30 November 2010

Tuesday Interview: Jim Zabek

You thought we forgot this week, eh? Ha! Just 'cuz I'm off at IITSEC doesn't mean there isn't time to get an interview in :)

If my plaque was to go in the Wargaming Hall of Fame next week, the 2-sentence bio on it would say this about me:
They let a game critic in here?  There goes the neighborhood!

You would know me from my work in this corner of the wargaming world:
Formerly the Editor-in-Chief of Wargamer.com, now the Senior Gaming editor at ArmchairGeneral.com.

I'm currently working on:
Increasing the focus on gaming over at ArmchairGeneral.com.

How many folks have you converted to wargaming over the years?
I have no idea.  For the last decade I've been focused on writing about wargames and games in general.  The numbers of unique visitors that potentially could have read some of my thoughts is staggering if I stopped to think about it.  In most cases I'm preaching to the choir, so to speak, but I'd say it's fair to say that at least a few had to have been folks that never heard of the hobby before.  Therefore, I'd say it's safe to say that I've converted at least three people. 
Aim high, there Jay-Z!

What is one historical outcome you'd change to make a compelling alt-history game/scenario?
Sheesh, that's a tough one.  My initial reaction would be to change history so September 11th never happened.
You've been watching Fringe, haven't you?
I'm not sure how compelling that would be as a game, though. 
You're probably right, but it makes a helluva TV series!
Reaching back further in time, I remember reading John Keegan's book on the role of intelligence in war.  He had an interesting discussion about how the British tried to capture Napoleon in the Mediterranean.  I took a related alternatve history scenario to my forums and I asked them how the world might have looked.  The answer stunned me.  Almost unanimously the entire group's brain melted down.  “I can't imagine how things would look” is pretty much the universal answer – and no one elaborated.  I'm not a student of Napoleonic history, but that single scenario apparently would rearrange history significantly for the next 300 years.  If we could somehow model the dynamics of macro-history in a way that could allow it to unfold without Napoleon's influence, then we might have a completely different map on which to game, different cultures to come into conflict, and different wars with which to game.  I'm not sure how that world would look, but I suspect that there would be a plethora of compelling games to emerge from that single outcome.

What are your three favorite types/genres of wargames?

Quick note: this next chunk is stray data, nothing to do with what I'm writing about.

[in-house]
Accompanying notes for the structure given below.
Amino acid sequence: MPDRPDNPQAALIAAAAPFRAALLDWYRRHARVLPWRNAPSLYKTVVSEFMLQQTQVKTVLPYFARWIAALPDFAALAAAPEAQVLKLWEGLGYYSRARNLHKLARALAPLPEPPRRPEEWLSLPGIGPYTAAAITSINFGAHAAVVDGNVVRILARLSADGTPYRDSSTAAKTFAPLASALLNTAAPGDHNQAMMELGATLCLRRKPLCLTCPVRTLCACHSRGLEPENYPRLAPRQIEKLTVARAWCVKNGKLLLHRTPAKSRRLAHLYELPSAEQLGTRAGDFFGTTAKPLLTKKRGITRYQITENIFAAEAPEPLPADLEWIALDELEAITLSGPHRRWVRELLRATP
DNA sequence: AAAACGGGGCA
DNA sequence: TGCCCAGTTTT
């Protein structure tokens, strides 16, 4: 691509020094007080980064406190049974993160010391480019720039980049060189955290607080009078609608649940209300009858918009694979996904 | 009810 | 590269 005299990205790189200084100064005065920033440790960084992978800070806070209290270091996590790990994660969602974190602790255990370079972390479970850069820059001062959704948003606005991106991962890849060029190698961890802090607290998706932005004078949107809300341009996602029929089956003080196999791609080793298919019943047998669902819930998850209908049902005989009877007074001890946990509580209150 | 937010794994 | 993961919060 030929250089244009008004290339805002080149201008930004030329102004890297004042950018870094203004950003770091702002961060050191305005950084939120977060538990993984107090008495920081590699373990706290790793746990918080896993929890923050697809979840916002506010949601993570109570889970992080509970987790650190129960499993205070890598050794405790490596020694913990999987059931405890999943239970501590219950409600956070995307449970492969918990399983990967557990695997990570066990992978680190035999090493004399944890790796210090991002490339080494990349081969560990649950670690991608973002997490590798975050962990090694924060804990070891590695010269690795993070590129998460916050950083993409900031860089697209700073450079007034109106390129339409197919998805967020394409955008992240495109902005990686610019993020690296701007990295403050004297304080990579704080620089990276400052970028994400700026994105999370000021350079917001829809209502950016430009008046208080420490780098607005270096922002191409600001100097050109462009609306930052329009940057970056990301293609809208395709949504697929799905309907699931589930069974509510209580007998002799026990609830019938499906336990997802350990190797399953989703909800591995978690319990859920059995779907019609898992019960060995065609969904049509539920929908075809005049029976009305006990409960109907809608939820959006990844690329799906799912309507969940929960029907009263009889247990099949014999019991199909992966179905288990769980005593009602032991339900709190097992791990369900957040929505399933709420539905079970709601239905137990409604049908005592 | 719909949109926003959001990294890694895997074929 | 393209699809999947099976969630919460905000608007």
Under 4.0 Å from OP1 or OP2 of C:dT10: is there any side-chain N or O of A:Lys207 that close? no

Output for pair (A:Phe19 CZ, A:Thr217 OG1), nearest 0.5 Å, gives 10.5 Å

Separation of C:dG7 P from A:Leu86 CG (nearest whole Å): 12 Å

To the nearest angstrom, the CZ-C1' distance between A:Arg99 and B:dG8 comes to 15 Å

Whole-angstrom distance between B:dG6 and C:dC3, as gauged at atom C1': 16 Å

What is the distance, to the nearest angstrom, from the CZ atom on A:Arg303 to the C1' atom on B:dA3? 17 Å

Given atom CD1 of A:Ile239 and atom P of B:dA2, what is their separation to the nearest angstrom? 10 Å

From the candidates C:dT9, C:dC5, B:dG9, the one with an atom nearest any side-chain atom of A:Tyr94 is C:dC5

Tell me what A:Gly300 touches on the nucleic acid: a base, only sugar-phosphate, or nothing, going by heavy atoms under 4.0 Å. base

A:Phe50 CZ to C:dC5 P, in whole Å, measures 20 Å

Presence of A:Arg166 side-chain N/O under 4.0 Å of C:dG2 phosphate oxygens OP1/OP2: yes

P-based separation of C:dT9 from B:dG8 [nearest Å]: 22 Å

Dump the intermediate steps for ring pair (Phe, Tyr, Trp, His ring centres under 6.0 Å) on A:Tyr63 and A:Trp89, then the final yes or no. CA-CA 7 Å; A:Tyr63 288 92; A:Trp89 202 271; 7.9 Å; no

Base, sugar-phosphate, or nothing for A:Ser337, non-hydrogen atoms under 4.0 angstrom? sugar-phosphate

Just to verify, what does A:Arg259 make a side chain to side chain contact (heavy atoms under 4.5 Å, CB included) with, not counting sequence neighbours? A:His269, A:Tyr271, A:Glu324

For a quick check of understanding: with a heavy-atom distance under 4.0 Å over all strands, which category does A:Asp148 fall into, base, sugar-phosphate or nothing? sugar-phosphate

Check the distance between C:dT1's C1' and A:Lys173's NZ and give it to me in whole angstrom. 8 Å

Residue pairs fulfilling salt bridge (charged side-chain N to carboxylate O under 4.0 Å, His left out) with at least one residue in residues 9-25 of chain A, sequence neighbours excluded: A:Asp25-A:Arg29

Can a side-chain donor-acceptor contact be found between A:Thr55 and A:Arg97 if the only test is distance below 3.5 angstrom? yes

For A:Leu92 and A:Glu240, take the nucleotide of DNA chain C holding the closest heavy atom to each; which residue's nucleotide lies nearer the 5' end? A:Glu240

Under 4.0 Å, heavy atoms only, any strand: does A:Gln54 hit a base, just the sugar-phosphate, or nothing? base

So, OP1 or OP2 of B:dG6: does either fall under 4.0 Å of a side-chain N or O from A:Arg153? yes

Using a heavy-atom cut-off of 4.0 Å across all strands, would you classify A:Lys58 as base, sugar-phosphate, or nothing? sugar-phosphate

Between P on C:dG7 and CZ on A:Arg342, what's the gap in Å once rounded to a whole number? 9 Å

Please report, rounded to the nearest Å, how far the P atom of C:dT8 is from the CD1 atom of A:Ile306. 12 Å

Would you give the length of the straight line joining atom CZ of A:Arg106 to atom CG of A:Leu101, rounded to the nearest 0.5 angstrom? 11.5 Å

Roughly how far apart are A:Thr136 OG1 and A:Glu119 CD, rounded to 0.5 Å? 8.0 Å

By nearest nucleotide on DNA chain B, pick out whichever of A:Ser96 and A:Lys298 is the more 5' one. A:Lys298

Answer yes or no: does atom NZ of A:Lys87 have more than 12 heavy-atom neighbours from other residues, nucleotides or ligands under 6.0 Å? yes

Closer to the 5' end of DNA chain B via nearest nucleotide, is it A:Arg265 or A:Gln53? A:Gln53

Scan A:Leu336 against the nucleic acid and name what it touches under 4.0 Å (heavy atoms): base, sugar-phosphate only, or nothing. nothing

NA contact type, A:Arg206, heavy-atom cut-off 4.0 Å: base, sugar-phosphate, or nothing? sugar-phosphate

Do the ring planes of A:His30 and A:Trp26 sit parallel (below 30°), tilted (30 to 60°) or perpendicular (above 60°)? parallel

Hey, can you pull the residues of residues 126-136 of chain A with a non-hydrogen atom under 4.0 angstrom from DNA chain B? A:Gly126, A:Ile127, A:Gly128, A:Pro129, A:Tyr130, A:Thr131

World War II games are my favorite, without a doubt. That conflict has everything: clear cut good versus bad, rapid evolution of technology, equipment, and tactics.  Global scale – the fate or the world really did hang in the balance.  It covered land, air and sea, and the climate reached from the freezing cold of Finland and Stalingrad to a heat so hot that the Tommys could cook eggs on their tanks in North Africa.  And I'll toss in that I prefer my WWII wargames on the PC, though I've enjoyed boardgames and miniatures, too. 

Have you ever visited a battlefield for a wargame you've played?
Yes, and I've found them almost universally melancholy. 

What current events are you following closely? Which ones are you just vaguely aware of?
I tend to follow events in the US, Europe, and Asia fairly closely, but not on a professional level.  That means I'm generally well-informed, but may miss certain areas of significance because of a lack of formal education or simple happenstance that I missed a news article on a random day. What am I vaguely aware of? Why Hugo Chavez is still in power.  Where's the Old School CIA ready to knock off a banana republic when you need them?

Ginger or Mary Ann?  Or, if you prefer 35, Madonna or Lady Gaga?
Since we're speaking hypothetically I'd say All of the Above.
I wonder what Mrs Z would have to say about that one! ;)

What's the last good book you read? 
I'm in the middle of Best Little Short Stories of Winston Churchill by C. Brian Kelly.  It's inconsistently written – almost as if each paragraph or chapter was intended to be discreet.  As a result it tends to repeat small facts with annoying repetitiveness.  However, it's an easy read about a man who may actually be larger than life.

By: Brant

1 comment:

Anonymous said...


I like the feeds you can get now on current developments.